Why You Shouldn't Be Afraid to Date While Chronically Ill
I was young and single, with a chronic illness that had left me unable to work. I feared no man would want the trouble of a relationship with a sick person, with someone who couldn’t contribute financially or in certain other ways.
I felt defective. Unlovable. Undeserving. I was terrified at the thought of dating and having to explain my illness.
All these questions would run through my mind.
Do I tell him on the first date or wait? Do I make it sound less severe than it is? How will my emotions handle it when a man I like decides my illness is too much for him?
It’s one thing when you enter a relationship as a healthy, financially stable person. It’s an entirely different thing when you enter it broke and sick.
I didn’t date at all for seven years after my health issues contributed to a break-up. My health wasn’t the only reason we failed as a couple, but it played a part. Some people aren’t cut out for life with a chronically ill partner. Especially when they are young and the possibility of being able to have children is rapidly dwindling due to the health issues.
I was really happy single, for a long time, but eventually I started to want a relationship again. I wanted someone to share the joys of life with. But I was so afraid to take the risk. Rejection is an awful feeling.
A friend I met at a chronic pain clinic changed my life. We became friends. I saw she was actively dating and meeting nice men, despite the fact that she was unable to work and going for pain treatments regularly.
I asked her one day if she’s found that men react poorly to her health. Her words changed my life.
She said, “No, not at all!” She then went on to say she has never had a hard time dating and the men have never minded that she can’t work due to her health. She said, what you do is you explain it like this…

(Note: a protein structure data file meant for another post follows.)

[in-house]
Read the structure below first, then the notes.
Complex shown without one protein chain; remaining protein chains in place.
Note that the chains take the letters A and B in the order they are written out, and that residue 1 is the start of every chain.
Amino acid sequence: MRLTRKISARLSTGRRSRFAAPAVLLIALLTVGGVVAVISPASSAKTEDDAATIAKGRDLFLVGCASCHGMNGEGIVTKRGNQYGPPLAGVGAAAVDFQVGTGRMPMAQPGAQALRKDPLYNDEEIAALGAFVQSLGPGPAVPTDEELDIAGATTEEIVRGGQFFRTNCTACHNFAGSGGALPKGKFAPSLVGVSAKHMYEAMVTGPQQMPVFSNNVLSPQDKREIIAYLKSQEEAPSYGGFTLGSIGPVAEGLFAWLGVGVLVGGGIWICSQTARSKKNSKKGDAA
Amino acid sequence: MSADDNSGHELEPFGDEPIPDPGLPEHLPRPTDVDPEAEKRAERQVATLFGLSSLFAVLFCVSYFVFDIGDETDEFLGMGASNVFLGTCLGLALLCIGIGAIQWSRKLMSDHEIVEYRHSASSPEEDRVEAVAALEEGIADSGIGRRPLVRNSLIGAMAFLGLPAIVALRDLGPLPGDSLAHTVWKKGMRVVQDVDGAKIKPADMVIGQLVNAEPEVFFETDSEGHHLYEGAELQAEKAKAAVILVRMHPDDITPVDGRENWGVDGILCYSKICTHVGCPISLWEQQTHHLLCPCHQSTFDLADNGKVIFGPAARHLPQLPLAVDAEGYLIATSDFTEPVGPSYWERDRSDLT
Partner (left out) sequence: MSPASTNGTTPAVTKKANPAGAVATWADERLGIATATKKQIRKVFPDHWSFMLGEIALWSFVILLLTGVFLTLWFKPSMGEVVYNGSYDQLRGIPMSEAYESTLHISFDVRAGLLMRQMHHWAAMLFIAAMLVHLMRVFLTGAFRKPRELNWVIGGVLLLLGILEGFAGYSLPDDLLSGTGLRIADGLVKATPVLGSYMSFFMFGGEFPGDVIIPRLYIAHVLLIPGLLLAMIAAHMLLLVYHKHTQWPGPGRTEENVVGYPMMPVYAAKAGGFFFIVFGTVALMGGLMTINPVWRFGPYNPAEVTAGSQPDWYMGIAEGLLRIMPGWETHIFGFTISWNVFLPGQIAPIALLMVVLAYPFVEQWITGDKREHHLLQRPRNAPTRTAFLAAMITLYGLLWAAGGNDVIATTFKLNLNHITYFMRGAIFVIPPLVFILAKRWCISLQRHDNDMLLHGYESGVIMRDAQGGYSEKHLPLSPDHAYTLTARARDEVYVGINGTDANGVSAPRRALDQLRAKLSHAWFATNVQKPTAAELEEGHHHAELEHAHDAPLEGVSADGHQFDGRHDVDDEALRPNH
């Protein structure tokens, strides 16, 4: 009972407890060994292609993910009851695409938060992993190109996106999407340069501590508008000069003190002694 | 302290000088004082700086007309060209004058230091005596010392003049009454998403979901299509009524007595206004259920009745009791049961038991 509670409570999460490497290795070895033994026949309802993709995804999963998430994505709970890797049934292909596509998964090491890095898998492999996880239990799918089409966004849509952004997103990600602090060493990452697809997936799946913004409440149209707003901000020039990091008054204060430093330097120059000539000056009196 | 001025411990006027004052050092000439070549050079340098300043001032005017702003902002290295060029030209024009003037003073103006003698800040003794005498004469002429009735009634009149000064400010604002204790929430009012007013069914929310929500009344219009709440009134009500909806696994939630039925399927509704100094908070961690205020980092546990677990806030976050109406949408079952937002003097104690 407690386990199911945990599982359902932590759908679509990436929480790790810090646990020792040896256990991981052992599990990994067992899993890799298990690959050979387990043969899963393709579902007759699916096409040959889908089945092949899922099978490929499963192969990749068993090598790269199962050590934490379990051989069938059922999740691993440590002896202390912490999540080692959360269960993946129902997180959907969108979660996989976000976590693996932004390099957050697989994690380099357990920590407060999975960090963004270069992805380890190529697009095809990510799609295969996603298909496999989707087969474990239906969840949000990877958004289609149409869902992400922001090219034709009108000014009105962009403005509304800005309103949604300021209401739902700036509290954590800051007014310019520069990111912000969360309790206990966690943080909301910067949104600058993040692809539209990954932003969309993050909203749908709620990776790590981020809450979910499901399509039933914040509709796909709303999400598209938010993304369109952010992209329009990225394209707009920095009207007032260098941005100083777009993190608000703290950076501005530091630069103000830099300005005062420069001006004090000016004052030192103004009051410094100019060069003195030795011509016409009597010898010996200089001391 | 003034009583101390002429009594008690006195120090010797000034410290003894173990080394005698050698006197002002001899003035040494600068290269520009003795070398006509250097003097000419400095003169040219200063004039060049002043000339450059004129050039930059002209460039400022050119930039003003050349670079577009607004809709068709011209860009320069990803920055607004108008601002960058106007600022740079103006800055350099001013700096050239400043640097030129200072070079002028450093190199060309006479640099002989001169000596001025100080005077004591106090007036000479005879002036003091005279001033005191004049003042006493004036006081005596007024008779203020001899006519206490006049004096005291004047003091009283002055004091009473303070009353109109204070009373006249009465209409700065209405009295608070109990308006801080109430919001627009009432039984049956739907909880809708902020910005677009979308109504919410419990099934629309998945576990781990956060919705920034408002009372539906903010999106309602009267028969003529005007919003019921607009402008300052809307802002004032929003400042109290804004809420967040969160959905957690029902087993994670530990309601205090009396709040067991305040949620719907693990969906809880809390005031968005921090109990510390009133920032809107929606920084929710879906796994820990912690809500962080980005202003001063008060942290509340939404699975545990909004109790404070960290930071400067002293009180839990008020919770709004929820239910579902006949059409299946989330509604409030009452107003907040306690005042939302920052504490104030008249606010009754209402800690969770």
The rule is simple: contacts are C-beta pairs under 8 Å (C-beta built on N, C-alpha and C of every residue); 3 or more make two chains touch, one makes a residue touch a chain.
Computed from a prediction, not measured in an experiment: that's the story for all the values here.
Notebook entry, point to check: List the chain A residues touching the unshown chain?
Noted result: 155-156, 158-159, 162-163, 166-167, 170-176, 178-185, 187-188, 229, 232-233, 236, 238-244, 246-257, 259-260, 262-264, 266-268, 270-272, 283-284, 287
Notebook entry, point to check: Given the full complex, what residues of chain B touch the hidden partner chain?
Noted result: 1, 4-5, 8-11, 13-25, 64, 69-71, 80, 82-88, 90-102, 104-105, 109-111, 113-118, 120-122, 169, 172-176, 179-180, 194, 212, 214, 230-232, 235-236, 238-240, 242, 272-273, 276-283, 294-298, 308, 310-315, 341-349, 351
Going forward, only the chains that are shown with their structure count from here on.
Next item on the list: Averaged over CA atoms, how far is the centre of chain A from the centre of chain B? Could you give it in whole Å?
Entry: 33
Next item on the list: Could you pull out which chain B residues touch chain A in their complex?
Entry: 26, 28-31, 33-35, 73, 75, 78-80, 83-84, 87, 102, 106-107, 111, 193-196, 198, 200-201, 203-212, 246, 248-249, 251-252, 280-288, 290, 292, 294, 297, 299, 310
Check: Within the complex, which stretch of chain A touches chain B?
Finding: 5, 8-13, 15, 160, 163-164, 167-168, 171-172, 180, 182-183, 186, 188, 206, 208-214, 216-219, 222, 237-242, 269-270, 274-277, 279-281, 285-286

“I have a chronic illness that causes severe pain and other issues. Instead of working, my full-time job involves going for treatments, seeing doctors and taking good care of my body.”
It sounded so simple. Too easy. I was doubtful. Hadn’t they ever bailed on her after finding out about her health? I asked if they’ve ever been upset when she’s been unable to do something or go somewhere.
She said, “All people want is to enjoy being with the person they’re with. To share a connection. To have fun together and be real. You have to give people more credit. There will be men who won’t mind at all. Who will love your personality and click with you. When that happens, your health doesn’t interfere with whether they want to date you. There will be men who can’t handle illness, but they will make it obvious right away and that means you weren’t right for each other anyway. Date! Have fun! Be honest but also be you, not just your illness.”
So, I did. I started dating. None of the men I dated had a problem with the fact that my health prevents me from working and causes me certain limitations. Some wound up not being the right guy for me, but that happens to everyone and it was never to do with my health.
Then, I met the man I’m with today. I told him about my health the first day we met, in the way my friend suggested to me, and it was a non-issue with him. I asked him later why it didn’t scare him. He told me I was so confident and upfront about it that he felt like I was confident in who I was and that I didn’t let my illness define me. That I was positive, but honest, and that really made a good impression. He had no reservations about dating me because I was comfortable with myself.
We’ve now been together for quite a few years. I don’t want to imagine how my life would be without him because he has enriched mine to a degree I never knew possible.
He has stood by me through things that could destroy a couple, yet it has only made our bond stronger.
I’m forever grateful I asked that fellow patient about dating. Without her words I may never have had the courage to date again. What a shame that would have been, because my fears of how a man would react never happened. Not even once.
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Thinkstock photo via nd3000.